Ibirapuera Park

The Ibirapuera Park is a large urban park in São Paulo and a cultural center of the city. The importance of the park for São Paulo is comparable to that of Central Park in New York City. With an area of ​​almost two square kilometers, it is the second largest park in São Paulo. Of these, approximately 1 million square meters of green space and 150,000 square meters of water. The park has about 300,000 visitors a week, 200,000 of them on the weekend and 120,000 on Sunday.


The park was to be inaugurated on the occasion of the 400 - year celebration of São Paulo on 25 January 1954. He eventually was open on 21 August 1954, the population. The buildings were designed by the architect Oscar Niemeyer, Carlos Lemos and others. The landscape designed Roberto Burle Marx and Otavio Texeira Mendes. Ibirapera means as much as " bad tree " in the language of the Tupi - Guarani and refers to the formerly located at this place swampland.


The park is home to several buildings, among others, the Museum of Modern Art in the building of the Biennale of São Paulo, the monument " Monumento aos Bandeirantes ", a planetarium and several sides open, undulating multi-purpose halls. On weekends here regularly free outdoor concerts especially known Brazilian artists will take place. The Japanese Pavilion was built at the inauguration ceremony of the Japanese delegation and represents a replica of the Katsura Palace in Kyoto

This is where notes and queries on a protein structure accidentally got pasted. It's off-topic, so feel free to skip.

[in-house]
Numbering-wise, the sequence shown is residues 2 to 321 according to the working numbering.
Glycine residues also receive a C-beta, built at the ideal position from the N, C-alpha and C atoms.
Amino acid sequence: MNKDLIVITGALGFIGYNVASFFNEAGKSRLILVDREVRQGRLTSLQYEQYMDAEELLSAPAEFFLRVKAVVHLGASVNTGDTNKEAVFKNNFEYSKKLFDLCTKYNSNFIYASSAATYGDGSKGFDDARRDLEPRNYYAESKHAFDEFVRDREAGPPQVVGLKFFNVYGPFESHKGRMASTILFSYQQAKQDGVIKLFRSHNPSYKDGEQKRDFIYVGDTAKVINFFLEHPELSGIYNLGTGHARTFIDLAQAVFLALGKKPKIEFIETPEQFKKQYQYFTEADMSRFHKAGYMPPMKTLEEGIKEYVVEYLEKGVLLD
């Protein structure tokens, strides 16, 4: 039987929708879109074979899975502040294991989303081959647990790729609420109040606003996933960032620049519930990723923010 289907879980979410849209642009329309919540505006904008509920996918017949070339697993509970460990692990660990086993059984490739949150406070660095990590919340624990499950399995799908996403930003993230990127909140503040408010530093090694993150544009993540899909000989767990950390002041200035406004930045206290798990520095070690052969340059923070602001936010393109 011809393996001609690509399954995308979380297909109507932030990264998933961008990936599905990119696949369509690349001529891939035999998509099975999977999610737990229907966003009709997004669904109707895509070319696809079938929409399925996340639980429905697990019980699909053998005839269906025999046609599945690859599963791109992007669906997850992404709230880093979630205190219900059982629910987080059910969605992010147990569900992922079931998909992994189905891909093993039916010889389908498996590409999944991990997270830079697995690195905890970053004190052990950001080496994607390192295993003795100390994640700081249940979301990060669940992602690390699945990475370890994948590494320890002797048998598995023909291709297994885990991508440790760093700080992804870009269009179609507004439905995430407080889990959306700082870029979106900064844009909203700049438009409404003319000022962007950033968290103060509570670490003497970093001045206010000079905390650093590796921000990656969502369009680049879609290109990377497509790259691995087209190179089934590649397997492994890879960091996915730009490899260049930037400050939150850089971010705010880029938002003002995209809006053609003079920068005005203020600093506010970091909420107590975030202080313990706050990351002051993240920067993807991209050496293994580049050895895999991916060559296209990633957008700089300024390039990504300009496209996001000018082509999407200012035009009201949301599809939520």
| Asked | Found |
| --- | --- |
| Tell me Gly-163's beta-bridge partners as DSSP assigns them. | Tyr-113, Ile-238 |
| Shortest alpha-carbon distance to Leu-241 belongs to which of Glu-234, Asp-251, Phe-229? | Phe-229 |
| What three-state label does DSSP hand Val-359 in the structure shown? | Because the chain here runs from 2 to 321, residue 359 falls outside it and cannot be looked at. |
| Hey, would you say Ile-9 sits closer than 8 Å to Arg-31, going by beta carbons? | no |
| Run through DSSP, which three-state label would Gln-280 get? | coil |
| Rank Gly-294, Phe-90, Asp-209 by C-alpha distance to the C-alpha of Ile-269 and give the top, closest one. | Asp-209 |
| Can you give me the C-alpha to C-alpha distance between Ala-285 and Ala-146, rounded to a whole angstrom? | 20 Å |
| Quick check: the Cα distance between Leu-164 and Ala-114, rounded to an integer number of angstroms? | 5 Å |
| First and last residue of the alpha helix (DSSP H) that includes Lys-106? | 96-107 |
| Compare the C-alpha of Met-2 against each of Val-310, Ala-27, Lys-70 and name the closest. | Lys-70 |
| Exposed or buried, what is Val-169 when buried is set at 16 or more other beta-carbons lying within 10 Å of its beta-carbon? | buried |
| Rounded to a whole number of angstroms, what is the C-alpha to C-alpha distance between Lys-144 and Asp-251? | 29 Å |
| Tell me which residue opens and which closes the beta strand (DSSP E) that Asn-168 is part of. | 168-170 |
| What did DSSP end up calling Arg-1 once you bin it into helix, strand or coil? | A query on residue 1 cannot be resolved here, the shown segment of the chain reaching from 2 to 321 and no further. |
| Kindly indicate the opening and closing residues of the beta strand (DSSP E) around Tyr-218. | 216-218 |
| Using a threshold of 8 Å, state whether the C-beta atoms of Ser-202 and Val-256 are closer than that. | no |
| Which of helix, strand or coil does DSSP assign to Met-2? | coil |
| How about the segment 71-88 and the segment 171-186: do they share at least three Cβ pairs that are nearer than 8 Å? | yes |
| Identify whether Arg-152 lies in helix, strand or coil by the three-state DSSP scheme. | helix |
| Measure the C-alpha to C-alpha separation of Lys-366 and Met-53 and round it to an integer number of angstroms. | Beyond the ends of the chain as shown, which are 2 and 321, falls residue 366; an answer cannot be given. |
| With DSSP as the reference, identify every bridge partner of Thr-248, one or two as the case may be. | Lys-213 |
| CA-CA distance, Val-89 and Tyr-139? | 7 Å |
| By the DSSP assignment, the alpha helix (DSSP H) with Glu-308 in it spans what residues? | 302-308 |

The park is also characterized by its versatility and its vegetation. In particular, the large fig trees near the entrance to No. 7, the strains grown together form a kind of gateway to several meters in diameter, and flowering in September Jacaranda Avenue are worth seeing on the banks of the artificial lake.

The huge fountain that combines every second jets of water from a plurality of nozzles in countless different variations, has become since its renovation into a tourist attraction.